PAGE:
Do you own a car and drive very little? Perhaps your situation is like this:
• You are elderly and only drive to and from the market.
• You live and work in a small town, or work close to your home.
• You travel a lot, and your car is parked at home for days or weeks at a time.
• You are in the military, and deployed outside the US for many months at a time.
• You own a pickup truck that you only use on weekends to run errands. (that’s me)
“Pay-As-You-Drive” (PAYD) is the concept of linking the amount you pay for auto insurance to the number of miles you drive each year. The more you drive, the more you pay. The less you drive, the less you would pay.
Drivers would gain the most savings from Liability and Collision coverage. If a person carried Comprehensive insurance (fire, theft, glass breakage, etc.) on their vehicle, that likely would not change much. A car doesn’t have to be moving for there to be damages under Comprehensive coverage.
There are various ways that insurers would verify mileage under a PAYD program. Some would use GPS tracking systems that automatically tabulate and report mileage. Some use odometer checks or maintenance records.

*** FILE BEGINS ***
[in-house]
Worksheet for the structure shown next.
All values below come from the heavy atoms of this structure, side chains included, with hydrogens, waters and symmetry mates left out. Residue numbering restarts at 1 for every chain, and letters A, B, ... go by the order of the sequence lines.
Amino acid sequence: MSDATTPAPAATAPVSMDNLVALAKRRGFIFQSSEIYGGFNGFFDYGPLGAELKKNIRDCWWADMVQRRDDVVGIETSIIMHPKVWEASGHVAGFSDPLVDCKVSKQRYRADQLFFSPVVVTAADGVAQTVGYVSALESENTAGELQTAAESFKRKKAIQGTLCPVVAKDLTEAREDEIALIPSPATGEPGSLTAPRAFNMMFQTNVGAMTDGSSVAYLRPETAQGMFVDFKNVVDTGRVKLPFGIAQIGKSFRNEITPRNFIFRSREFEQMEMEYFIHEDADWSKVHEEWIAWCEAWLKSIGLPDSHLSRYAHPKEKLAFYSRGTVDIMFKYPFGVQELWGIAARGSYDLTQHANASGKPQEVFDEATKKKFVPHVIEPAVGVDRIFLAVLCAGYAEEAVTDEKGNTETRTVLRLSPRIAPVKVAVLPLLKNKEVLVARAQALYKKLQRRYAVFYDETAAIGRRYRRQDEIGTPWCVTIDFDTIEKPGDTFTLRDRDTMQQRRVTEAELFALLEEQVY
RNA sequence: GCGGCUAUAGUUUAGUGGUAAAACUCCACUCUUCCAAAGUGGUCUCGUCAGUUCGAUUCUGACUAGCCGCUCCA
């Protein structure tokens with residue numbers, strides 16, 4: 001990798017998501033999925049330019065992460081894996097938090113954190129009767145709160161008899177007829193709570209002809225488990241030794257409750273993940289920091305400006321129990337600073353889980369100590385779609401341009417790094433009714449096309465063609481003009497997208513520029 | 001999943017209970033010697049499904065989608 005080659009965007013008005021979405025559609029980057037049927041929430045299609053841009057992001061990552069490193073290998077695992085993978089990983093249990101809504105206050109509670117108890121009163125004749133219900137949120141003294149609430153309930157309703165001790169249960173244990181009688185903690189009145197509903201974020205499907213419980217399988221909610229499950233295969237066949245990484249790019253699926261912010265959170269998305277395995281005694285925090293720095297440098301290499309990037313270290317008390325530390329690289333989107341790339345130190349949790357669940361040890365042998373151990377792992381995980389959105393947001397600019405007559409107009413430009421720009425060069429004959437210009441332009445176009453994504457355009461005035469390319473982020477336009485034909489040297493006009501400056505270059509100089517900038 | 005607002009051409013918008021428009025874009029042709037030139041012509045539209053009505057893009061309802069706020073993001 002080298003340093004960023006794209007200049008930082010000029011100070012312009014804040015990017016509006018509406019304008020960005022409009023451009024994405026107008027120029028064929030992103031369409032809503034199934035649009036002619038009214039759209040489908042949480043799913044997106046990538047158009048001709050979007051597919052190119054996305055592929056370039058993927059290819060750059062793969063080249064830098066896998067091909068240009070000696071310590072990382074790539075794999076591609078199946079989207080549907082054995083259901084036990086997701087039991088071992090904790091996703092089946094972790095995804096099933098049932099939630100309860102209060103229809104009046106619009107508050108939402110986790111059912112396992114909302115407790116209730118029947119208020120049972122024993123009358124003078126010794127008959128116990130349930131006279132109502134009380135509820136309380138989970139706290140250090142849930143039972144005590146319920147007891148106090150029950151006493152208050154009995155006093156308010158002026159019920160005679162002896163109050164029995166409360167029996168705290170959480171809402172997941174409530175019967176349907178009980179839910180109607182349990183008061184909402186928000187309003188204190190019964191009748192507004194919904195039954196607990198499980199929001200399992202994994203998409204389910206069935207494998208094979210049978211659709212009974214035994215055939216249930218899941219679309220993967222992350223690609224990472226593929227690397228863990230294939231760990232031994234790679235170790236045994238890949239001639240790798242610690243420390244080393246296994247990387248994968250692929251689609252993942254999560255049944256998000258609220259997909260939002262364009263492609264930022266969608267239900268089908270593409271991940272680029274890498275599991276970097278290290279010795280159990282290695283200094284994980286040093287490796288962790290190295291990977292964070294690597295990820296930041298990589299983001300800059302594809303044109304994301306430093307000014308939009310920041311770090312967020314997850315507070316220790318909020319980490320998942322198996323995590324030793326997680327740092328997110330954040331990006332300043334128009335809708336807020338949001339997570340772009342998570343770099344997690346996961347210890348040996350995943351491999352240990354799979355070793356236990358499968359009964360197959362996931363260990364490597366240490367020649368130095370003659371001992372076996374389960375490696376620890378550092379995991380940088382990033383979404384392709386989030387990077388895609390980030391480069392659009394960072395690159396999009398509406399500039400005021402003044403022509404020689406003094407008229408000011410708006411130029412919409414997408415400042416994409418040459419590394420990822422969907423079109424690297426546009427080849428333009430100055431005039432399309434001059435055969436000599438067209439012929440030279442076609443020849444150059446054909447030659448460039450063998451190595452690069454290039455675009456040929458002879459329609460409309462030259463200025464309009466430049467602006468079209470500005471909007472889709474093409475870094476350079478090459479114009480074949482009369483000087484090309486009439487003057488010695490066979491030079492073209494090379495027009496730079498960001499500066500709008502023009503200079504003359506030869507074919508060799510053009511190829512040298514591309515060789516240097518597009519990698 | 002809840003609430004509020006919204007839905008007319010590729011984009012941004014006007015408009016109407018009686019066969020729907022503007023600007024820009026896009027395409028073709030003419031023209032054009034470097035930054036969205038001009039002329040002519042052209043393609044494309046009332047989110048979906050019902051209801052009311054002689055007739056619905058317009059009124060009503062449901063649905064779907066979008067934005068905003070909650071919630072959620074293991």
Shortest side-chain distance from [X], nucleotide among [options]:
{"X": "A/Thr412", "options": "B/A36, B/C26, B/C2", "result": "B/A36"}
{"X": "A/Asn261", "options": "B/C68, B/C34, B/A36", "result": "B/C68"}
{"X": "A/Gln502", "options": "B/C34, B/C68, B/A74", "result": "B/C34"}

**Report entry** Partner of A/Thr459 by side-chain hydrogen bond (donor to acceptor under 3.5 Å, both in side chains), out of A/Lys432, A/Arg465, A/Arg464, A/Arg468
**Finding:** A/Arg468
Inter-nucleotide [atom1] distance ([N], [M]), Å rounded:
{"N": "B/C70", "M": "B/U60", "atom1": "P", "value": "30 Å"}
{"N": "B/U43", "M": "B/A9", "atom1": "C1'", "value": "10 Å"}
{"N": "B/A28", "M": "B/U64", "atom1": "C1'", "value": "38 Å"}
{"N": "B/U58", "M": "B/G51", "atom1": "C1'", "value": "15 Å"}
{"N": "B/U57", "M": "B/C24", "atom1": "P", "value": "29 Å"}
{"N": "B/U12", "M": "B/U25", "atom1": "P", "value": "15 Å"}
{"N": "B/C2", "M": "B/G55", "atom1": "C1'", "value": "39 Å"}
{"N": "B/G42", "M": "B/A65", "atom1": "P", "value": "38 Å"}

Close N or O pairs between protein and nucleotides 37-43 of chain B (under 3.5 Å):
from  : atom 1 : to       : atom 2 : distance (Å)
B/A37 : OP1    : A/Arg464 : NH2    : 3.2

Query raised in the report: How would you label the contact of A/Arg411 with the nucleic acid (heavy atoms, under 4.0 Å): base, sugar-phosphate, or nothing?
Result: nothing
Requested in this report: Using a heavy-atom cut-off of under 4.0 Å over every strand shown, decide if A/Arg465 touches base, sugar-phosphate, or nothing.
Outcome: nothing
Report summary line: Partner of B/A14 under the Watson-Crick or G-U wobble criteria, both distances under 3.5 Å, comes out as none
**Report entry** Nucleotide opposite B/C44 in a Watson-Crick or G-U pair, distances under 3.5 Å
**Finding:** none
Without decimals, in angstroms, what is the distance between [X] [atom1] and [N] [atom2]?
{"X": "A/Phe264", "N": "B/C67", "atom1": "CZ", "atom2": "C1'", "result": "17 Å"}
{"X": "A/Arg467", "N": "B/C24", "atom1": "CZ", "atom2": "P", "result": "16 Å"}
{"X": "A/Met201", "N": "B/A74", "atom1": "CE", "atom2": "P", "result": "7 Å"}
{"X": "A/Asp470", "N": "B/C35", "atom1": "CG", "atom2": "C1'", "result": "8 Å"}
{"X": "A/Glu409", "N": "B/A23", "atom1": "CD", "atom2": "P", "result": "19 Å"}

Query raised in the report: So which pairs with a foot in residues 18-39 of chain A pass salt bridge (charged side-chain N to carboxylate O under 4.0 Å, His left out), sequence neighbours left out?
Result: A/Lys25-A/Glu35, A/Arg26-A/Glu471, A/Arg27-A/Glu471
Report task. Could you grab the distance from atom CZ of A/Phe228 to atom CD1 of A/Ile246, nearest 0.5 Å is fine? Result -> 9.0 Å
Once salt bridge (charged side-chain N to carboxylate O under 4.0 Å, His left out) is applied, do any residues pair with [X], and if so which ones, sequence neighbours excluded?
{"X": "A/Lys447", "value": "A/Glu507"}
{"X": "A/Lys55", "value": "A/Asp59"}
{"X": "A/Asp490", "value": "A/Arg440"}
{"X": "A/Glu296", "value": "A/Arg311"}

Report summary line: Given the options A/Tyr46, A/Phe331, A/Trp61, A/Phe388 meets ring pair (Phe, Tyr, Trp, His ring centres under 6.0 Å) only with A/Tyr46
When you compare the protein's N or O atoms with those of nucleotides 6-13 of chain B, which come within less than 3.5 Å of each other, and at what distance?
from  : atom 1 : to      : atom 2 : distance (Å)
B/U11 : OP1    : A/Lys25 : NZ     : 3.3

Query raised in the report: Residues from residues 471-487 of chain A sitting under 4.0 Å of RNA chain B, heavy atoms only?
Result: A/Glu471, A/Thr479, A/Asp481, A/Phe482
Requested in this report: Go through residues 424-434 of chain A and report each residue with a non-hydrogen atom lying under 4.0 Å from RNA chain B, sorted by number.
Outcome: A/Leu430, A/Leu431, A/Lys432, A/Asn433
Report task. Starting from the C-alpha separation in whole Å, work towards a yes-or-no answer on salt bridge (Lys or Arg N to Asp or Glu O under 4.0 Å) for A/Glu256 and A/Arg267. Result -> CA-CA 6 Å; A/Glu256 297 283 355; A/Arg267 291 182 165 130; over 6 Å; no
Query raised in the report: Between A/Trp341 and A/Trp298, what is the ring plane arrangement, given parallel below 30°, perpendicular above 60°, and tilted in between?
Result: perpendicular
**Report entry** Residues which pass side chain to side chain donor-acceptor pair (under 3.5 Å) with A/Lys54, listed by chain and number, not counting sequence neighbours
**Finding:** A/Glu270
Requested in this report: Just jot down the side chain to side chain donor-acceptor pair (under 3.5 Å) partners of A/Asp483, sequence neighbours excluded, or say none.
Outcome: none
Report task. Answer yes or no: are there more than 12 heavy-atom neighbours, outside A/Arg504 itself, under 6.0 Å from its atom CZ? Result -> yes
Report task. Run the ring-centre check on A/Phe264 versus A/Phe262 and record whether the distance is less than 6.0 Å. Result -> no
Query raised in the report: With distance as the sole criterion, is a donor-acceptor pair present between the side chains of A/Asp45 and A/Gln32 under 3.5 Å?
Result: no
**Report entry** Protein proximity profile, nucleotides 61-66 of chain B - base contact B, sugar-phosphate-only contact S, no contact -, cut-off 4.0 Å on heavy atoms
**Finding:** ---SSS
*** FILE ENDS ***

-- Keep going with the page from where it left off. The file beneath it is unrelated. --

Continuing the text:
The concept is becoming more popular in many states. Some insurers are already offering PAYD discount programs in most states. For example, Progressive Insurance and GMAC Insurance presently offer PAYD policies. Progressive ties mileage verification to GPS, and GMAC uses the OnStar system built into many GM automobiles.
PAYD has gained a strong foothold in Europe, with insurers from the UK to Italy offering the program.
Giving people a financial reward for driving less is good ecological and social policy. As with any new program, the devil is in the details, but it is very clear that the “pros” far outweigh the “cons.”
Issues relating to the “Pay-As-You-Drive” concept include:
1. Insurers must give appropriate discounts
2. Discounts must be high enough to motivate people to drive less
3. Miles driven must be monitored without violating people’s privacy
The Brookings Institute issued a report in July 2008 that estimates that the universal adoption of pay-as-you-drive plans would lead to a savings of $270 per vehicle for two-thirds of American households.
Would an annual savings of $270 be a sufficient incentive for the average American to switch to PAYD insurance? The jury is still out.
Check with your insurance company to see if they presently offer PAYD coverage. Or, check with your insurance agent to see if he writes PAYD coverage. You could save some bucks!